In territorial terms these trends are expected to further accelerate urban sprawl as the pandemic fuels aspirations for larger homes and proximity to nature. This might result in both city centres and rural areas becoming more attractive. City centres can offer access to amenities in close proximity, and facilitate neighbourhood life, while green suburban and rural areas can offer more spacious housing and proximity to nature. This will take urban sprawl to a new dimension and risks to increase road transport and car dependency. At the same time, it could be mitigated by remote working, which reduces the need for daily commuting, or accelerated as home working allows people to live further from downtown areas. In any case, the increasing use of online shopping may also increase the transport volume of delivery services.

Temporarily slowed down trends

The pandemic has slowed down some trends, perhaps only for a short period of time. The most obvious trends put on hold by the pandemic concern travelling and tourism and the internationalisation of value chains even within the EU. To just mention two examples:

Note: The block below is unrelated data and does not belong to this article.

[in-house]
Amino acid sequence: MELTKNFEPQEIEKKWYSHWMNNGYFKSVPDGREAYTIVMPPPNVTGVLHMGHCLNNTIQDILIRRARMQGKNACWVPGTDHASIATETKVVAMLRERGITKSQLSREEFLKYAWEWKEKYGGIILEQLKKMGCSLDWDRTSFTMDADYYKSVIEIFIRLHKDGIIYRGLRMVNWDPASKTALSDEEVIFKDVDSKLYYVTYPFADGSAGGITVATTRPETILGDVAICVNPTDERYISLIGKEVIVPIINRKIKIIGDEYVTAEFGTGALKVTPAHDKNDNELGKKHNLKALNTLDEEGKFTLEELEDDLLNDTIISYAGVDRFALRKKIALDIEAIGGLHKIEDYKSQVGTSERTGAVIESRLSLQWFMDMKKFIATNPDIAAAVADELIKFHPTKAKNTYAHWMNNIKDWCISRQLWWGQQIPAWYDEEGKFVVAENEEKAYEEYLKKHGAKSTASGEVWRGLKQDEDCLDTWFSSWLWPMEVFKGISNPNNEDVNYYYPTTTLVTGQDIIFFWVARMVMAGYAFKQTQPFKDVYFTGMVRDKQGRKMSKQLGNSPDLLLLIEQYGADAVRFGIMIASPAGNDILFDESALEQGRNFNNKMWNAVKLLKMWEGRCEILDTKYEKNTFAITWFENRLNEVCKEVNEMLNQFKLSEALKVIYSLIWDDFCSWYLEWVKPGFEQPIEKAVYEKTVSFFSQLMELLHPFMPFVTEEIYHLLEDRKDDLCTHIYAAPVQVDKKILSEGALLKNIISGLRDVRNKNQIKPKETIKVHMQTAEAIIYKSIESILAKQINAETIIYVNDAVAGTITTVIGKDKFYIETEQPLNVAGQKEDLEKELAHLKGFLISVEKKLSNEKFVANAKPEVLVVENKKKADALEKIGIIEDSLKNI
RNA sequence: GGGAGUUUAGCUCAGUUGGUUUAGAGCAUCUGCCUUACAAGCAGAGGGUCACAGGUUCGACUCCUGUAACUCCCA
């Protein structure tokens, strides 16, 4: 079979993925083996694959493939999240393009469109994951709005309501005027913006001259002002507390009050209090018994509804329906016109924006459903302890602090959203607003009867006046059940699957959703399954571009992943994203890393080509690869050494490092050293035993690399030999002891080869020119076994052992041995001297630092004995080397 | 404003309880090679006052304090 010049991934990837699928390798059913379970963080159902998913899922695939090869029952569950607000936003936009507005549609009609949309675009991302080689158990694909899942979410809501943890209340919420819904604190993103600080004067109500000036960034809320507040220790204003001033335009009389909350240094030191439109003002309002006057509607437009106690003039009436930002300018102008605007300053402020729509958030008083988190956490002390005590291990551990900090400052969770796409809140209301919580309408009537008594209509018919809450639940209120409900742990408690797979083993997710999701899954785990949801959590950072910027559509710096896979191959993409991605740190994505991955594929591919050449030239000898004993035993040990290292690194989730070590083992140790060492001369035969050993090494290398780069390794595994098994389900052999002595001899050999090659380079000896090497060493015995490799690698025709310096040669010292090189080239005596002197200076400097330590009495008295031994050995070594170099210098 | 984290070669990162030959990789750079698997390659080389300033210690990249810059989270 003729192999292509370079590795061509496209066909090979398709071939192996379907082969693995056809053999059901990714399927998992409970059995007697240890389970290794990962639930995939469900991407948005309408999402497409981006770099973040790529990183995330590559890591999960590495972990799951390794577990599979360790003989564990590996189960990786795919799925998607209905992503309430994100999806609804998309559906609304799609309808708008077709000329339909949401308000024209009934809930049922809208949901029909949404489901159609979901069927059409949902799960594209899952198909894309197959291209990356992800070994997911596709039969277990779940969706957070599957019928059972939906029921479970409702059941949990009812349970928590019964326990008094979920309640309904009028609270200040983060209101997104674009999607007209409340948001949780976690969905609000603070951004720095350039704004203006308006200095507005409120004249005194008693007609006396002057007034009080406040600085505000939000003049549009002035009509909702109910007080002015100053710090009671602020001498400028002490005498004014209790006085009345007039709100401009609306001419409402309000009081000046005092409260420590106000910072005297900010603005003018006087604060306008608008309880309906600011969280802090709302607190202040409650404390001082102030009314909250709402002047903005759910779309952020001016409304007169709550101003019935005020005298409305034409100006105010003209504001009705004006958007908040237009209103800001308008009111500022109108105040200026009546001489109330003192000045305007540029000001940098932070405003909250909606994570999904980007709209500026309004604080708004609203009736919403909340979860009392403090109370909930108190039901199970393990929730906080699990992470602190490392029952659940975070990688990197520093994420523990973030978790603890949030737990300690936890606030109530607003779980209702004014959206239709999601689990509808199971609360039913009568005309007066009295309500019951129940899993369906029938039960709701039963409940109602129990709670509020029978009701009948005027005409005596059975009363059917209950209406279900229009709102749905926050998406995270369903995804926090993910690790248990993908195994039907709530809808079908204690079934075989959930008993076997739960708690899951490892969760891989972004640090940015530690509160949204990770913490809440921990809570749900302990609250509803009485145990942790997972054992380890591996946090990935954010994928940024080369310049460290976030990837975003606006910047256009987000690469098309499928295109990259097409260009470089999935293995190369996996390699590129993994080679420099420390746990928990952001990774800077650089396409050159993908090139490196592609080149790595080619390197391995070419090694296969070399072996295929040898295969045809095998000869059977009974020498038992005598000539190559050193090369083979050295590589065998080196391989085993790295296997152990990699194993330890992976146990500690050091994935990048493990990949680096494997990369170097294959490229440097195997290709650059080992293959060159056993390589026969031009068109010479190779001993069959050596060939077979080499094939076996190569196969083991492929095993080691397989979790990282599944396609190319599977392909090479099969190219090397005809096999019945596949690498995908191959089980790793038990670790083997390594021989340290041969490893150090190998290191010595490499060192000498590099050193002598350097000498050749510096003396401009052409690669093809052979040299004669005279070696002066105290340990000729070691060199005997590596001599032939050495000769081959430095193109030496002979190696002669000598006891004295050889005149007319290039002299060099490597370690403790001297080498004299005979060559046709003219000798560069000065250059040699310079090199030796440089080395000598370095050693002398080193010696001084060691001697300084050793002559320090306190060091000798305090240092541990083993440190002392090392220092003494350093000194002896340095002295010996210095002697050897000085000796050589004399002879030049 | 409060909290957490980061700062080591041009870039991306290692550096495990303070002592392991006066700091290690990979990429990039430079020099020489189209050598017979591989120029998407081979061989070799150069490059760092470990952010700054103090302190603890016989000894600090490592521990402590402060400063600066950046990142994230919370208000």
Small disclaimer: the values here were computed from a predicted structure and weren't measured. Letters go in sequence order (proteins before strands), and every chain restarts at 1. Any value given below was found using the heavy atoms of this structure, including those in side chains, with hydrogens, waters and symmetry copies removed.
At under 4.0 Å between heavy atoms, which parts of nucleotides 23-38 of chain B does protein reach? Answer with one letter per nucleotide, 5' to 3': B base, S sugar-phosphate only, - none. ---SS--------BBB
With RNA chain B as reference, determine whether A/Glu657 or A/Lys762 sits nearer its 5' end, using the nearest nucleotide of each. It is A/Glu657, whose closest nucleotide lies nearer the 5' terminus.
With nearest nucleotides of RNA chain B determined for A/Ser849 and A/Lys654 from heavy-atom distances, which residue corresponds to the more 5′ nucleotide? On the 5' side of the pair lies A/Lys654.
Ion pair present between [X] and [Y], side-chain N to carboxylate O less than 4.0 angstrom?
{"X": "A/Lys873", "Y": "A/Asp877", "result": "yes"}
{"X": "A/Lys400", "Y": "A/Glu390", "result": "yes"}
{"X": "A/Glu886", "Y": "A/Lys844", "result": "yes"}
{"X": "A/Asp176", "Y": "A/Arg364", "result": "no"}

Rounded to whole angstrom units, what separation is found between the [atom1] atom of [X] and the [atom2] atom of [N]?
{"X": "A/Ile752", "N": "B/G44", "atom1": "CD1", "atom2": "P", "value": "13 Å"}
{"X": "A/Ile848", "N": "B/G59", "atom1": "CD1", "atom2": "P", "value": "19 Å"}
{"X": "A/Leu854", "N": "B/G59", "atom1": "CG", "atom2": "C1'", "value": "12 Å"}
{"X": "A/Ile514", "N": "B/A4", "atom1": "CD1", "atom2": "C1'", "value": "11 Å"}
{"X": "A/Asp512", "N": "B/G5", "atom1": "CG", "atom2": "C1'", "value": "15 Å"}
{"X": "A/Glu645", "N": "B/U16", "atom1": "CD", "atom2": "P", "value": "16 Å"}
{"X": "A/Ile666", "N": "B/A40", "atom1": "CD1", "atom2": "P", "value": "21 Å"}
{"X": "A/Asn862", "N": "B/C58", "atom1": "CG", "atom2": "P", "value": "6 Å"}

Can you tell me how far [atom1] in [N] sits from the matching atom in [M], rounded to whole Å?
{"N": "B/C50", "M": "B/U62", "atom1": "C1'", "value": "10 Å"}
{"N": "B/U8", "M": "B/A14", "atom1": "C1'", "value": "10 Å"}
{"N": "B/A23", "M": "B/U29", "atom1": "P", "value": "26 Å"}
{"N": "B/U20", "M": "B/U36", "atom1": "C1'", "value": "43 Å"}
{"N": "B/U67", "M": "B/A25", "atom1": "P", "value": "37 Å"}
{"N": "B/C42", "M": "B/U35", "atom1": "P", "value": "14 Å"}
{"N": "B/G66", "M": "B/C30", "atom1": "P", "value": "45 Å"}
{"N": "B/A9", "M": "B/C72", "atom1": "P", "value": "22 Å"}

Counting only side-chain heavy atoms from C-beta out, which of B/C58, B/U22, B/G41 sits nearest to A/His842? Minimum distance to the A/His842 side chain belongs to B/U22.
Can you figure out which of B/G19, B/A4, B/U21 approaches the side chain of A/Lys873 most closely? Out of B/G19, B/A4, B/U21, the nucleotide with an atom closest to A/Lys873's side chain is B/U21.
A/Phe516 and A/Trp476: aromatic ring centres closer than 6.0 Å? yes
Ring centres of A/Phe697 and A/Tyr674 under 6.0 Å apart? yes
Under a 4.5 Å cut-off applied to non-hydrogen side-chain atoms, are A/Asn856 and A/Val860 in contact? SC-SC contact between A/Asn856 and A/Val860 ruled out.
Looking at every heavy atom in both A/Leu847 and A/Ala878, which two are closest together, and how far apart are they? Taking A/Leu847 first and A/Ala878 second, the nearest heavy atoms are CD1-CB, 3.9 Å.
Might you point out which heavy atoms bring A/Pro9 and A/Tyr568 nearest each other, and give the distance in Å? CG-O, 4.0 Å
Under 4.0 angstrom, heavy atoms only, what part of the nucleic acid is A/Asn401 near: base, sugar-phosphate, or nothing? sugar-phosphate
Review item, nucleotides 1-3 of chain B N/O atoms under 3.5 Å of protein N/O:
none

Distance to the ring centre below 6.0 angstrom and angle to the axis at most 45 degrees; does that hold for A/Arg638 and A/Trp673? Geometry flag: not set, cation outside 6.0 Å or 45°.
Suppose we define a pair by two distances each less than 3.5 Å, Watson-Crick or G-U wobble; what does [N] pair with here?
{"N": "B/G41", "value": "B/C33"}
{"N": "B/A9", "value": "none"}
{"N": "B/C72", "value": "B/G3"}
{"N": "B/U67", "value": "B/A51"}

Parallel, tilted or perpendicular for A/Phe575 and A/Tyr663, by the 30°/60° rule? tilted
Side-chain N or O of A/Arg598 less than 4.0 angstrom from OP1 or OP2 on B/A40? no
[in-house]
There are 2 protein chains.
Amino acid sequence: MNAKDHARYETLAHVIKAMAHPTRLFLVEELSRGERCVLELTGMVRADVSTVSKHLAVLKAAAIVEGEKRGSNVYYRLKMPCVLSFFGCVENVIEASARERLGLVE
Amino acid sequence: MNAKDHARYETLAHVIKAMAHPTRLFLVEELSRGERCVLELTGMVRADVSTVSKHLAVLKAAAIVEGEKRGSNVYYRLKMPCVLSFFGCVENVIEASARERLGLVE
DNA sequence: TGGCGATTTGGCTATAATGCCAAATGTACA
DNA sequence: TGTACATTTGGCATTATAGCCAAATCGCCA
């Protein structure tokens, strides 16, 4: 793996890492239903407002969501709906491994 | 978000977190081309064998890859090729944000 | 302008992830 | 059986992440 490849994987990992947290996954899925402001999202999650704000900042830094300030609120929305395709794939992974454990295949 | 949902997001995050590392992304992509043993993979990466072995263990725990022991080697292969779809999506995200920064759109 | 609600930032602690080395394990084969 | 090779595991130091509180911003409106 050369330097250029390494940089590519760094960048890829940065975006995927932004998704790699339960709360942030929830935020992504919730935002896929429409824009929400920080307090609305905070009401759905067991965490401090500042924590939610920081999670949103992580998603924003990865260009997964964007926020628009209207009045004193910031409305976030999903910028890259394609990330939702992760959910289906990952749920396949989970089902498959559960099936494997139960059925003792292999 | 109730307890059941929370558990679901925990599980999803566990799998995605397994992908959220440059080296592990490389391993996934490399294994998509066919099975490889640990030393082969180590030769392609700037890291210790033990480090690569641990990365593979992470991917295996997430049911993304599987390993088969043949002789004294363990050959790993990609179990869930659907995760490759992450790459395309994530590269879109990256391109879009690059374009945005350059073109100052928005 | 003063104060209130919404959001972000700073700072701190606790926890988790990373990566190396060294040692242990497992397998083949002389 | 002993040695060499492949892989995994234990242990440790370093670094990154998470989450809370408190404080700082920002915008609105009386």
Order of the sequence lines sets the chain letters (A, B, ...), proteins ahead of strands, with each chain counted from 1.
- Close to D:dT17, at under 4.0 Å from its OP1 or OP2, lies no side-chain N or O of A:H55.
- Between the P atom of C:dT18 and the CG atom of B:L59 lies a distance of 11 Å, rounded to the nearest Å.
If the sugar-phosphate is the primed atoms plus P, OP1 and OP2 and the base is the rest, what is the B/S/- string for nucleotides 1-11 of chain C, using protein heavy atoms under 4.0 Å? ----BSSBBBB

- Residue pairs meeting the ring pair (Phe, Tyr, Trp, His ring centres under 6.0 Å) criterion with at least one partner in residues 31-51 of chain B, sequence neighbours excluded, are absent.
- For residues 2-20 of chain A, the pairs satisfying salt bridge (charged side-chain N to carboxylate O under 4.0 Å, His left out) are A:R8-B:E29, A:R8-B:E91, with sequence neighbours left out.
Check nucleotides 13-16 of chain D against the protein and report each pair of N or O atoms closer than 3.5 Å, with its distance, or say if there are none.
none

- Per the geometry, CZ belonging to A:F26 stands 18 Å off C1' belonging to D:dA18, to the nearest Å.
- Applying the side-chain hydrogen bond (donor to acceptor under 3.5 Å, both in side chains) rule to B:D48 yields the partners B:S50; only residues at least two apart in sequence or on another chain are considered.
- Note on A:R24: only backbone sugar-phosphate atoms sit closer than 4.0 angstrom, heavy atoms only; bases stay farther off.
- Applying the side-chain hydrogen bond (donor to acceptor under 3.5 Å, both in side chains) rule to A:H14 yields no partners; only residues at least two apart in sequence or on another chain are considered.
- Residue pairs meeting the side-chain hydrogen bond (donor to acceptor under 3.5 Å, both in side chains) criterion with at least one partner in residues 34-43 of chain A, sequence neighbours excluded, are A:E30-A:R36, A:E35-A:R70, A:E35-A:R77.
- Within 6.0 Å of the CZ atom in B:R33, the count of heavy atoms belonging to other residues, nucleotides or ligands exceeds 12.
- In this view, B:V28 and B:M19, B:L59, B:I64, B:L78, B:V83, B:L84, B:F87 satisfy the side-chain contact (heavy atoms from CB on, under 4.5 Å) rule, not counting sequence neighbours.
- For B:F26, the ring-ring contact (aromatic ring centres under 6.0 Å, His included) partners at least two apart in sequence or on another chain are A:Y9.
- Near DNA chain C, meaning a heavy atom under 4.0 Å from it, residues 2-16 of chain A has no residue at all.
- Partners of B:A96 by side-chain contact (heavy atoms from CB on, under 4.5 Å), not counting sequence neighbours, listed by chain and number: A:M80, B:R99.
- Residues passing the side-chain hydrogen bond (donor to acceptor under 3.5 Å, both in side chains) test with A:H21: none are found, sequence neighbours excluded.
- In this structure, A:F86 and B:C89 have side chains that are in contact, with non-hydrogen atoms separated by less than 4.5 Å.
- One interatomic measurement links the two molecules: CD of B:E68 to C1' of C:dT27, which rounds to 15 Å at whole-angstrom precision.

• Travel coming back soon. The tourism and travel sector has been highly affected by the pandemic and many segments may take a few years to recover to pre-pandemic levels. In the short-term there are fewer tourists, much less business travel. Especially intercontinental tourism will take several years to recover. The aviation sector may need several years to regain previous levels of activity. At the same time a stronger focus on domestic tourism might stay around for a while. Some of these aspects are also discussed in an earlier blog post
  • Repartition of value chains. The pandemic has shown how economies are highly interconnected and how vulnerable complex value chains are. This accentuated discussions about ensuring that essential goods can be produced within the EU. It has also spurred private sector discussions about reorganising value chains and onshoring, reshoring or nearshoring. Among others, value chains for pharmaceuticals, protective medical equipment, microelectronics, autonomous driving, batteries and AI are at the focus of many of these discussions.

For these trends the main question will be how fast and to what degree travel and internationalisation of value chains return to pre-pandemic levels. In the meanwhile destinations with an economy strongly depending on tourist from abroad – especially intercontinental tourist – will have a hard time, as well as areas with an industry strongly depending on the smooth functioning of international value chains. Even in some Nordic countries there are examples of companies that consider to relocate from one Nordic country to an other because the pandemic experience. It seems the lack of coordination between EU neighbouring countries generated uncertainty and local polarisation. This may threaten the resilience of some border communities.